Recently a study of capital punishment showed that the current system is an outgrowth of the racist legacy of slavery (NCADP). Between 1930 and 1996, 4,220 prisoners were executed and more than half were black. A disproportionately large number of African Americans have always occupied the nations death rows, considering the percentage of African Americans in the overall population (Dieter 144). During the past century, blacks were more often executed for what were considered less-than-capital offenses for whites, Jewett 4 such as rape and burglary (Dieter 145). Furthermore, a large percentage of the blacks who were executed were juveniles, and the number of executions without having ones conviction reviewed by a higher court was higher for blacks (NCADP).

In recent years, there has been wide belief that racial discrimination is a thing of the past. However, since the renewal of capital punishment in the mid-1970’s, approximately half of the death row population, at any given time, have been black (Smart). When those under the death sentence are examined more closely, it is apparent race is a factor after all.

A statistical study of racial discrimination in capital cases in Georgia showed that those convicted of killing a white person were more likely to receive the death penalty in all indicted cases.Further evidence proved unfairness in capital cases as reported by the U.S.

General Accounting Office (GAO). The GAO review concluded that of the 28 studies there was a pattern of evidence indicating racial disparities in the charging, sentencing, and imposition of the death penalty, and that the race of victim influence was found at all stages of the criminal justice system process (Dieter 144). One can conclude that in the courts of the nation, even today, the murder of a white person is treated much more severely than the murder of a black person. Therefore, it can be noted that our criminal system reserves the death penalty for those murderers (regardless of their race) who kill white victims (Dieter 145).

Gender and socio-economic class also aid in the discrimination of those who will receive a death sentence. Only one percent of all those on death row were women, although women commit about fifteen percent of all criminal homicides (NCADP). Only 33 women, of whom 12 were black, have been executed in the United States since 1930. Fairness in capital cases requires most a competent counsel for the defendant. Yet, 90 percent of those on death row were unable to afford a lawyer when tried. The most common Jewett 5 characteristics among death row defendants are poverty, lack of social community, and inadequate legal representation at trial or on appeal (NCADP).The above flaws in the actual administration of capital punishment are only one of the many clear reasons for abolition.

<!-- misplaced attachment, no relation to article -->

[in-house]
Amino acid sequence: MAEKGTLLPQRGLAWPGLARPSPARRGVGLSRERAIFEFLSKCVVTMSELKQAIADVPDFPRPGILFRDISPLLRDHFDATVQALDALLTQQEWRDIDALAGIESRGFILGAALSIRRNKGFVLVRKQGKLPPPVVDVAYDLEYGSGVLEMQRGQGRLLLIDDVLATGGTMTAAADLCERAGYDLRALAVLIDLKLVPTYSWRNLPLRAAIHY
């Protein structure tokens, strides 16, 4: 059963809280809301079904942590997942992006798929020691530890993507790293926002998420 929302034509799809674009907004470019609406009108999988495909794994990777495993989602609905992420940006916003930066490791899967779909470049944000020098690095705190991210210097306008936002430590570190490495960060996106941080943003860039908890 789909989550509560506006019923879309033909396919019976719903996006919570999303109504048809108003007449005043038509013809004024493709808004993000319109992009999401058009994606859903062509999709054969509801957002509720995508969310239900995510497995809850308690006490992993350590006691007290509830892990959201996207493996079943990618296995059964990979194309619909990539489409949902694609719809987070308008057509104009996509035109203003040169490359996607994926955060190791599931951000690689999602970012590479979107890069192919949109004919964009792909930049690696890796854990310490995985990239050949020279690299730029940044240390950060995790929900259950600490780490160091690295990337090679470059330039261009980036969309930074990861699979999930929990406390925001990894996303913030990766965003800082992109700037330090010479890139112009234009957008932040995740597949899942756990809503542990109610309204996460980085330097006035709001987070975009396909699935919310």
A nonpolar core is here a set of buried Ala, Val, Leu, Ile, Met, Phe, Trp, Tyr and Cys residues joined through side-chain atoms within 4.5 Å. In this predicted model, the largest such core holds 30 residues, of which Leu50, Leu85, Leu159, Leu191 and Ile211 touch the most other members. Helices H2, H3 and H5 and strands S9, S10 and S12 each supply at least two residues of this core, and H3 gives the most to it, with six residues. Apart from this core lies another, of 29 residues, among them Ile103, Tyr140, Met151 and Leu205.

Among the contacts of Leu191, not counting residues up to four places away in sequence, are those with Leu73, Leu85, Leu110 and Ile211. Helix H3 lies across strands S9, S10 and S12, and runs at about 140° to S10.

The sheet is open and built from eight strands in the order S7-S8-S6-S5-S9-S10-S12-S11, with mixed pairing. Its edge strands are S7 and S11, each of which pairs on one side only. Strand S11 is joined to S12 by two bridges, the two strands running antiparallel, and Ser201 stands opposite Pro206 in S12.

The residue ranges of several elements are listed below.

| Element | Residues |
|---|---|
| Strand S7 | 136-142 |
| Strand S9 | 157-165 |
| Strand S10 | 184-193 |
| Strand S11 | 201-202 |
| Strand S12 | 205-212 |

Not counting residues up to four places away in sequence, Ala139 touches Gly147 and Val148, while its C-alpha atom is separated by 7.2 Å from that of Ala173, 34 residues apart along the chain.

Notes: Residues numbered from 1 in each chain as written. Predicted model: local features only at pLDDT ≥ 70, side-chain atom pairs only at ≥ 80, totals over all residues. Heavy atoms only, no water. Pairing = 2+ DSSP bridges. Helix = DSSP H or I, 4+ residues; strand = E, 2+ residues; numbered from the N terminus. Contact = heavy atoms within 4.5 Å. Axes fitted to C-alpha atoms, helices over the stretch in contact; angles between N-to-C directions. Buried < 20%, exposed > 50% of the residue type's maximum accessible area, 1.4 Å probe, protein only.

In the judgement of the fair-minded and unprejudiced capital punishment is a power that cannot be exercised fairly and without discrimination (Smart). Therefore, we cannot put human lives in the hands of a flawed system, for society will suffer the consequences, as well as the victims. Unlike all other criminal punishments, the death penalty is irreversible. Once a criminal is put to death no once can bring back the human life taken when a mistake is discovered too late. However, some supporters of capital punishment argue that its advantages are worth the sacrificing of innocent people, as well as the ideal that there is little chance that the innocent would be executed.Nevertheless, there is evidence showing that from the 1980’s to the 1990’s innocent people have been convicted of capital crimes as well as executed (Against the Death Penalty).

Since the 1900s there have been an estimated four cases a year in which an innocent person was convicted of murder, in addition to the many that were sentenced to death (Against the Death Penalty). In many cases a reprieve or commutation arrived just hours, or even minutes before the scheduled execution (Against the Death Penalty). Those wrongful convictions have occurred in almost every jurisdiction in the nation.

Furthermore, despite the new death penalty statutes approved by the Supreme Court, the numbers of the wrongfully accused have not declined. Unfortunately, the innocent persons convicted of crimes they did not commit are not always saved from execution or released from their sentences.There are several other cases in which evidence that would have released the convicted was discovered after the execution. These examples explain why the judicial system cannot guarantee that justice will never make mistakes.

To retain the death penalty Jewett 6 and overlook the serious flaws in the system is unacceptable, especially since there are no strong overriding arguments to favor the death penalty (Glover 145-146). Among the flaws of the justice system, we must remember that the taking of a human life is immoral. The methods used to perform these violent executions are barbaric and unnecessary.

But, prisoners continue to be executed in the United States by any one of five methods; in a few jurisdictions the prisoner is allowed to choose which fate he or she pre …